Anthropology is a discipline very conscious of its history. Alan Barnard has written a clear, detailed overview of anthropological theory that brings out the historical contexts of the great debates, tracing the genealogies of theories and schools of thought. His book covers the precursors of anthropology; evolutionism in all its guises; diffusionism and culture area theories, functionalism and structural-functionalism; action-centered theories; processual and Marxist perspectives; the many faces of relativism, structuralism and poststructuralism; and recent interpretive and postmodernist viewpoints. This is (...)
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  42. S. R. Barrett (1989). On Anthropological Knowledge. Philosophy of the Social Sciences 19 (1):103-104.
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  43. S. R. Barrett (1985). Book Reviews : The Building of British Social Anthropology. By Ian Langham. Dordrecht: Holland, Boston: U.S.A., London: England: D. Reidel Publishing Company, 1981. Pp. XXXII + 392. $72.50 (Cloth), $29.50 (Paper. [REVIEW] Philosophy of the Social Sciences 15 (1):103-107.
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  44. Stanley R. Barrett (1996). Anthropology a Student's Guide to Theory and Method. Monograph Collection (Matt - Pseudo).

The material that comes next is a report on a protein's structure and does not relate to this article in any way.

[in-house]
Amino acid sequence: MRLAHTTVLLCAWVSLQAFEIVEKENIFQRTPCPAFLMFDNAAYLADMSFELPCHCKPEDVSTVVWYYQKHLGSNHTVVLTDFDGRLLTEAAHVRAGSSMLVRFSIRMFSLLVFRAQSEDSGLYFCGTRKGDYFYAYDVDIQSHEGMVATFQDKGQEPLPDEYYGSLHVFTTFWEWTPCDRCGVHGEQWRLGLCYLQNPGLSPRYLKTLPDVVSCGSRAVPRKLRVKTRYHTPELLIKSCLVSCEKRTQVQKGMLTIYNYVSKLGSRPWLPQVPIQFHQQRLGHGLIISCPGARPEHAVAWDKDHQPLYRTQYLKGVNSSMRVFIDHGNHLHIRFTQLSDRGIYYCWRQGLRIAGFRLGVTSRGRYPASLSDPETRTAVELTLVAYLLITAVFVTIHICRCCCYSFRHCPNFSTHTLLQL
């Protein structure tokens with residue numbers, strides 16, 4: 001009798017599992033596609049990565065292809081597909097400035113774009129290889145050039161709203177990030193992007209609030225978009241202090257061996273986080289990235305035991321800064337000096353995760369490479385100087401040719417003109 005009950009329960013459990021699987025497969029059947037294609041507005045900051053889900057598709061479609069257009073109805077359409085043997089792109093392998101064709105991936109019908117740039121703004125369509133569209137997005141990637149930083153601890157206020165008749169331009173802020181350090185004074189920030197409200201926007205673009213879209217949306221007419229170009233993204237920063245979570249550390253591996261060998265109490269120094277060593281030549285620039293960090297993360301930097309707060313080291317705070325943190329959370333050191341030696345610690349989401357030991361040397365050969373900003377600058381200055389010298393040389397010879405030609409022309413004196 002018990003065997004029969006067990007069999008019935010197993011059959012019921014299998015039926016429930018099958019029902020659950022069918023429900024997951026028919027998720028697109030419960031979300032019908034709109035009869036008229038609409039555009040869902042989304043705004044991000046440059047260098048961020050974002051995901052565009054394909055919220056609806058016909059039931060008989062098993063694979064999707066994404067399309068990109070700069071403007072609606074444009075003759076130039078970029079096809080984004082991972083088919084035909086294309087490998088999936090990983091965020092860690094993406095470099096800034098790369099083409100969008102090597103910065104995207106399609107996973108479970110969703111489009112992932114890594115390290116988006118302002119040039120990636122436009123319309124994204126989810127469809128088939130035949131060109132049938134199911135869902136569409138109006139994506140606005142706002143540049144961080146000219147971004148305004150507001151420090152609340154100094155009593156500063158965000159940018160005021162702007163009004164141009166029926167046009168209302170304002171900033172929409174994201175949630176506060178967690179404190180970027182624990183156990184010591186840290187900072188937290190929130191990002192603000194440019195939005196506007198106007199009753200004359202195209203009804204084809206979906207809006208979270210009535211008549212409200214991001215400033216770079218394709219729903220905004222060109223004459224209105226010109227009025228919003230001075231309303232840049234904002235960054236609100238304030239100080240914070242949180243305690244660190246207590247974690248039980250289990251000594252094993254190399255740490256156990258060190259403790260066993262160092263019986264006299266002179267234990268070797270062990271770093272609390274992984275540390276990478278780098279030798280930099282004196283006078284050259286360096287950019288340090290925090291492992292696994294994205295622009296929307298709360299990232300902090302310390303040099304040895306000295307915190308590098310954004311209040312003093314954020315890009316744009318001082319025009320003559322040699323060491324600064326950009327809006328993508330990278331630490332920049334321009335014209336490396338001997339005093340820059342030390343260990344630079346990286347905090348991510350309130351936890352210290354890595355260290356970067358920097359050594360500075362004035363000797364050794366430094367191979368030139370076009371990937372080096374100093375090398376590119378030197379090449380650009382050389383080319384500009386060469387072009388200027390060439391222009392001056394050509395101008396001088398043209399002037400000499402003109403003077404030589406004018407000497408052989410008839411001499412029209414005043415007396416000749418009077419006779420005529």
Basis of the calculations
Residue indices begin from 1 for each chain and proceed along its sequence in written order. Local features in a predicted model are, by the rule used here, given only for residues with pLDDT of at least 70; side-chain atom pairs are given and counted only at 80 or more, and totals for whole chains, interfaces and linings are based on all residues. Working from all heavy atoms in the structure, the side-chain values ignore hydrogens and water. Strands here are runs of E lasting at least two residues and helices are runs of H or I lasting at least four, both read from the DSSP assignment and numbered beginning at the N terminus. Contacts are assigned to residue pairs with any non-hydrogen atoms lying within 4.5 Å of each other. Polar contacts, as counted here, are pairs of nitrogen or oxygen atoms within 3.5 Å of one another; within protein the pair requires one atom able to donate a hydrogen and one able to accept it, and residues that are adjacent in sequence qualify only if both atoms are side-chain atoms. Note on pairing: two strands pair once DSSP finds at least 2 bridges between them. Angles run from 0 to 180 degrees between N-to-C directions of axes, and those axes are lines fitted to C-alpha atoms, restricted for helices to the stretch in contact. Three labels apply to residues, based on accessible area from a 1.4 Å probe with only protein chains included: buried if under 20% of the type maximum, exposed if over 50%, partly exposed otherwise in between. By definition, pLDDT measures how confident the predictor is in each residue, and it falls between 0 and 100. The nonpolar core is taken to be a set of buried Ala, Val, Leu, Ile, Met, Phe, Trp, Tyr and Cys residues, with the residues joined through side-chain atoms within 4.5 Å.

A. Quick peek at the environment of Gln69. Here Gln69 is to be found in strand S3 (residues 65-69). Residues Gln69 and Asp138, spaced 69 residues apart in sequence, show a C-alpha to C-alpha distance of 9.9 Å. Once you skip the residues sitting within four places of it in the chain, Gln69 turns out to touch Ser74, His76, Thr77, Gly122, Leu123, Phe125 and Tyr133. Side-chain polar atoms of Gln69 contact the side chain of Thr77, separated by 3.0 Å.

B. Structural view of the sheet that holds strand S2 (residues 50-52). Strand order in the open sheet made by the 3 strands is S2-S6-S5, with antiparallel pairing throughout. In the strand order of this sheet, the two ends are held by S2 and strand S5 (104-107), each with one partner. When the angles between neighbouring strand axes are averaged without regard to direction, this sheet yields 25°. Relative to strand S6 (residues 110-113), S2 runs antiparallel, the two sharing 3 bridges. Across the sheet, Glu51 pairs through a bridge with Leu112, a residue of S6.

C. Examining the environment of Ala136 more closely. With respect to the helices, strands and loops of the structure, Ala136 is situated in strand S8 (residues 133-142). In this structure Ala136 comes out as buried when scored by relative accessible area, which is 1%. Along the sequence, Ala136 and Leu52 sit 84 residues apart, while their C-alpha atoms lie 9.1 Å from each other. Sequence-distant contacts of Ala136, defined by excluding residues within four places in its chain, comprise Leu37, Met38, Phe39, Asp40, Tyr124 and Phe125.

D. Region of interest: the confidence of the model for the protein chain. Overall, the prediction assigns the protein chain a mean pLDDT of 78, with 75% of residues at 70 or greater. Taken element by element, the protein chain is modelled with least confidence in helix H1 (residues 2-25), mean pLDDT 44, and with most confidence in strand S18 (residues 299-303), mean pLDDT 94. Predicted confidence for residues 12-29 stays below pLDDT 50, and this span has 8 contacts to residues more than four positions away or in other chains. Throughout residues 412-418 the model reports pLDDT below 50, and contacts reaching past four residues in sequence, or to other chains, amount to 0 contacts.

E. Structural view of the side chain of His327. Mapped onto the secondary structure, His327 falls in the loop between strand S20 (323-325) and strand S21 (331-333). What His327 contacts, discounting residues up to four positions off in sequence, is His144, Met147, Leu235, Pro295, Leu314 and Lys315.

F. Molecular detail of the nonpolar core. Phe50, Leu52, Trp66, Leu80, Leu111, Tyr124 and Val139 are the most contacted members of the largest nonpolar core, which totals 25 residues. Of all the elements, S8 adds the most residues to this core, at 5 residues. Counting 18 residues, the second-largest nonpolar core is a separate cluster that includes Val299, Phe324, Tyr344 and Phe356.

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  45. Stanley R. Barrett (1984). Racism, Ethics and the Subversive Nature of Anthropological Inquiry. Philosophy of the Social Sciences 14 (1):1-25.
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  46. Stanley R. Barrett (1984). The Rebirth of Anthropological Theory. Monograph Collection (Matt - Pseudo).
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  47. Richard Bauman (2001). Tradition, Anthropology Of. In N. J. Smelser & B. Baltes (eds.), International Encyclopedia of the Social and Behavioral Sciences. 15819--15824.
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  48. J. H. M. Beattie (1984). Objectivity and Social Anthropology. Royal Institute of Philosophy Lectures 17:1-20.
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  49. A. Beaulieu (2004). Mediating Ethnography: Reflections on Ethnographic Practices and the Study of the Internet. Social Epistemology 18 (2-3):139-163.
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  50. Ernest Becker (1971). The Lost Science of Man.